Mastering git, Part 4, git merge, git diff with GUI tools, view git history (commit log), blame


Before following this post, make sure you have already set up everything from my other post regarding the configuration of the git environment.

Diff command will allow you to compare two different commits, let’s set up a repository:

Now in the second repository, we make some changes:

now let’s back to the first repository and see the changes:

now you should see all the differences in meld:

To find diff between current and previous commit:

As of Git 1.8.5, @ is an alias for HEAD, so you can use:

If you want to know the diff between head and any commit you can use:

You can add -t to select your difftool such kdiff3, meld, etc.
To see the diff with gitk, first, go to Edit>Preference and set the external difftool.
Now click on your revision, then right-click on the revision that you want to compare to and click on Diff this-> selected. Now on the bottom window right click on any of the changed files and select External diff

Compare the local repo with its remote branch

to see what the push will do to your local repo.

Git diff Two-dot (A..B) and Three-dot (A…B) comparison

You can compare two commits with two dots, This will show all differences, including C, D, F0, F1


But this will show you only F0 and F1


and this will show you only C and D

The following images show the differences:



Merge and conflict

Now let’s merge all the changes. If you make some changes on different files, you will do fast-forward. That means you only incorporate new changes and everything is OK afterward. But if you made some changes on the same file along the same lines, then you have a merge conflict, and you should do a three-way merge.

To show you the point, let’s make some changes in the first repository in the file A.txt.

now if you call git merge, you will get a merge conflict, to solve this call the following:

and you will get this in meld:

and this in kdiff:

|                MERGED               |

LOCAL: Your side of the conflict – i.e., your branch (HEAD) that will contain the results of the merge
REMOTE: The remote side of the conflict – the branch you are merging into HEAD.
BASE: The common ancestor of both local and remote. Useful for feeding into a three-way merge tool
MERGED: The result of the automatic merge.

Go through the conflict and choose the side (A, B, or C) and see the merged file in the window below and save and close.

Use the command line and interpret the output of git diff

diff uses Levenshtein distance and tries to determine the smallest set of deletions and insertions. The output is called a “diff”, or a patch since the output can be applied with the Unix program patch

The POSIX standard specifies the behavior of the “diff” and “patch” utilities and their file formats. You can call the following to see the difference between any two files or directories:

For instance in our case:

-u  indicate unified format

Git also uses a unified format. If you call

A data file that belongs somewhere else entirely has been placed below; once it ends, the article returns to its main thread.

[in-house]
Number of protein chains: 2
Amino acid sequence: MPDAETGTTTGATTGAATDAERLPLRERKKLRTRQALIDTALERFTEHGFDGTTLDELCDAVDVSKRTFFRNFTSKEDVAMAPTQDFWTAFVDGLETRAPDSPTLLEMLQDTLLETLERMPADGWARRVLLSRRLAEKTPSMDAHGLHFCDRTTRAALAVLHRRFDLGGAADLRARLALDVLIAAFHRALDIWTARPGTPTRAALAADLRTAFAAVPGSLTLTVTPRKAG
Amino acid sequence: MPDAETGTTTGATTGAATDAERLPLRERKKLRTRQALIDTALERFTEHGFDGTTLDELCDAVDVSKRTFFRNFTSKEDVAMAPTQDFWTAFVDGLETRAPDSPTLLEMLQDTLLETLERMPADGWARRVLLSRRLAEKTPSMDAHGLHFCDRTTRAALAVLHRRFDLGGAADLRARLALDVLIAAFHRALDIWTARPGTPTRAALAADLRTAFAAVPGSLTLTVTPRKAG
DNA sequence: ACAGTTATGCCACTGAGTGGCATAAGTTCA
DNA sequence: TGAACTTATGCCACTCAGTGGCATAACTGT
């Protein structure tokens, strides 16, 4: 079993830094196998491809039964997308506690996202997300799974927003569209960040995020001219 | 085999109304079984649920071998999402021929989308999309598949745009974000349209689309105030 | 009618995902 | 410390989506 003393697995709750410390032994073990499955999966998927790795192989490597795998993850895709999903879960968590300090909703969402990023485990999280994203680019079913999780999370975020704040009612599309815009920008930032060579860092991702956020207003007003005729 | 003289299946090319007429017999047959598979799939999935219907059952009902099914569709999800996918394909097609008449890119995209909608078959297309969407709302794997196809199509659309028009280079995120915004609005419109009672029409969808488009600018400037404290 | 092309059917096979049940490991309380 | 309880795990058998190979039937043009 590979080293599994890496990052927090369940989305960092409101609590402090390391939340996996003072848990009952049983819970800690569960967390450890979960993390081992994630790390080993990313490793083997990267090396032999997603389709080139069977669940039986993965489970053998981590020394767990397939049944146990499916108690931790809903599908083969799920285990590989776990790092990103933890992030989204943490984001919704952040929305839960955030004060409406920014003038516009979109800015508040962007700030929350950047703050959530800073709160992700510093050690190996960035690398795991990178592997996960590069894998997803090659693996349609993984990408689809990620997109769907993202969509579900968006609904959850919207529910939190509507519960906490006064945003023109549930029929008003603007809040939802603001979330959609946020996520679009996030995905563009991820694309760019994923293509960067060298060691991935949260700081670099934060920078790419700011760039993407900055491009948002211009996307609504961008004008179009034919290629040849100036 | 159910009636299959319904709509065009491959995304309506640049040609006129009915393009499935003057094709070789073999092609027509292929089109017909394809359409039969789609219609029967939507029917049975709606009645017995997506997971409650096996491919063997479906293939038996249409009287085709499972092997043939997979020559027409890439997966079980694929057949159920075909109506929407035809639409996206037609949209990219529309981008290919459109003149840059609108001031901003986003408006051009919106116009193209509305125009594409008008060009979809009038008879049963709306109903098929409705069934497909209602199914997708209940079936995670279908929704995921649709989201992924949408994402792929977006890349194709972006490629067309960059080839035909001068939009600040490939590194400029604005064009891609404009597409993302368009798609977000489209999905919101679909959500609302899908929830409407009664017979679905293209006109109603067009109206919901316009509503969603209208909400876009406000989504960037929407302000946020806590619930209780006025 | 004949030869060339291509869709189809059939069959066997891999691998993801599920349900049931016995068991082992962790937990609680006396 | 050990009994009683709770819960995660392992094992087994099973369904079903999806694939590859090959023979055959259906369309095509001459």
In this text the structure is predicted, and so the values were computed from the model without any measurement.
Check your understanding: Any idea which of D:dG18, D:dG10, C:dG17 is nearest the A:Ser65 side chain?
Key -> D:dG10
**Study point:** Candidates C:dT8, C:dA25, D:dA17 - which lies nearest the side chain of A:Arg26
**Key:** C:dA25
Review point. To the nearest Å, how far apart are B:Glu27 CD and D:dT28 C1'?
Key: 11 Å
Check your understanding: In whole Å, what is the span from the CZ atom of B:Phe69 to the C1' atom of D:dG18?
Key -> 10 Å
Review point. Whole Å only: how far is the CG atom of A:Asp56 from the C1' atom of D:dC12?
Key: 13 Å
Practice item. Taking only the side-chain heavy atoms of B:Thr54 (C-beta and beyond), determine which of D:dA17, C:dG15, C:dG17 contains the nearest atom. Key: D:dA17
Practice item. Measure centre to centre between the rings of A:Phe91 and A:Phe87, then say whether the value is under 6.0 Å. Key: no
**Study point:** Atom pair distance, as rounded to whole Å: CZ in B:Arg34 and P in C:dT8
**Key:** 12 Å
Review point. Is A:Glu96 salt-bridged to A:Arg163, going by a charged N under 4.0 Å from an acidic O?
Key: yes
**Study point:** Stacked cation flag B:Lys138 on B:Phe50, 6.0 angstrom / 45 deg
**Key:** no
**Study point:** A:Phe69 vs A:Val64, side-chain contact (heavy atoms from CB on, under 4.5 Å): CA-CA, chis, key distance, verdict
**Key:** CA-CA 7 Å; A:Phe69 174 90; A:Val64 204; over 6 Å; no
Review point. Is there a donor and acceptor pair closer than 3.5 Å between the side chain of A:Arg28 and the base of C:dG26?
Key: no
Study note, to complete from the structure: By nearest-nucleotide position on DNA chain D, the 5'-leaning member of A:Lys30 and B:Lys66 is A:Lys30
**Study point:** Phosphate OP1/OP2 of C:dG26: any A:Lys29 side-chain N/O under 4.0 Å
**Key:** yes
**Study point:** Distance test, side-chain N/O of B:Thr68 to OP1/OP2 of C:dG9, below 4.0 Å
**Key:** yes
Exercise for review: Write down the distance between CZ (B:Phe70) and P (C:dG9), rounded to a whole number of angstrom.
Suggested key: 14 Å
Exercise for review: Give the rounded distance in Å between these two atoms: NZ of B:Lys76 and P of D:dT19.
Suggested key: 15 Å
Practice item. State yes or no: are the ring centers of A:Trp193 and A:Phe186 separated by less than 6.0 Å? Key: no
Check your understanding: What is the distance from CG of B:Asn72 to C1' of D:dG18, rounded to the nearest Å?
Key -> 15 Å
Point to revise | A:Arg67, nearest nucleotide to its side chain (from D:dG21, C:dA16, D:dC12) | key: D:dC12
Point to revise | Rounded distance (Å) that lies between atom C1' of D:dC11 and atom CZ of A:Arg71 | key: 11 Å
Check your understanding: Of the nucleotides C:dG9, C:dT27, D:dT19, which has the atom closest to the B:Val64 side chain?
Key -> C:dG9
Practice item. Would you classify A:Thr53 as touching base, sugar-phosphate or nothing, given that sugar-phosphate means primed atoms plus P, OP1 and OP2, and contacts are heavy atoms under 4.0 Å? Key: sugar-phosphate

You will get the following:

Let’s interpret the output:
1) The first line diff --git a/A.txt b/A.txt is a “git diff” header in the form diff –git a/file1 b/file2. The a/ and b/ filenames are the same unless rename/copy is involved. The –git is to mean that diff is in the “git” diff format.
2) In the last line in the extended diff header is:

100644 is the mode of the given file which means that it is an ordinary file and not e.g. symlink and that it doesn’t have executable permission bit, and about the shortened hash of preimage (the version of the file before the given change) and post image (the version of the file after change).
3) Next is a two-line unified diff header

The original file is preceded by “” and the new file is preceded by “+++“.

4) Following this are one or more change hunks that contain the line differences in the file. Unified format hunks start with a line like:

5) Next comes the description of where files differ. The lines common to both files begin with a space character. The lines that actually differ between the two files have one of the following indicator characters in the left print column:

  • ‘+’ — A line was added here to the first file.
  • ‘-‘ — A line was removed here from the first file.

Refs: 1, 2, 3


Compare two different commits on the same branch in GitHub

if you click on the last commit, you can get the list of all commits,

Click on the copy button of the commits that you want to compare,


Now Just add the word compare to the end of the repository URL, i.e.

basically, the end result should be the following URL:

You can use two-dots or three-dots for comparison.

git blame

The git blame command is used to know who/which commit is responsible for the latest changes made to a file. The author/commit of each line can also been seen. git blame does not show the per-line modifications history in the chronological sense. It only shows who was the last person to have changed a line in a document up to the last commit in HEAD.

Line between 2 and 4:

2 lines after 2:

Make the output shorter:

Only display email of the auther:

get the blame for a specifi commit:

When the commit ID is 00000000000 it means I have changed that line locally.

git blame does not show the per-line modifications history in the chronological sense. It only shows who was the last person to have changed a line in a document up to the last commit in HEAD.
In order to see the full history/log of a document line, you would need to run a git blame path/to/file for each commit in your git log. Since Git 1.8.4, you can use git log has -L to view the evolution of a range of lines.

Refs: 1, 2


View a single file’s history in GitK



Compare a single file with its previous version

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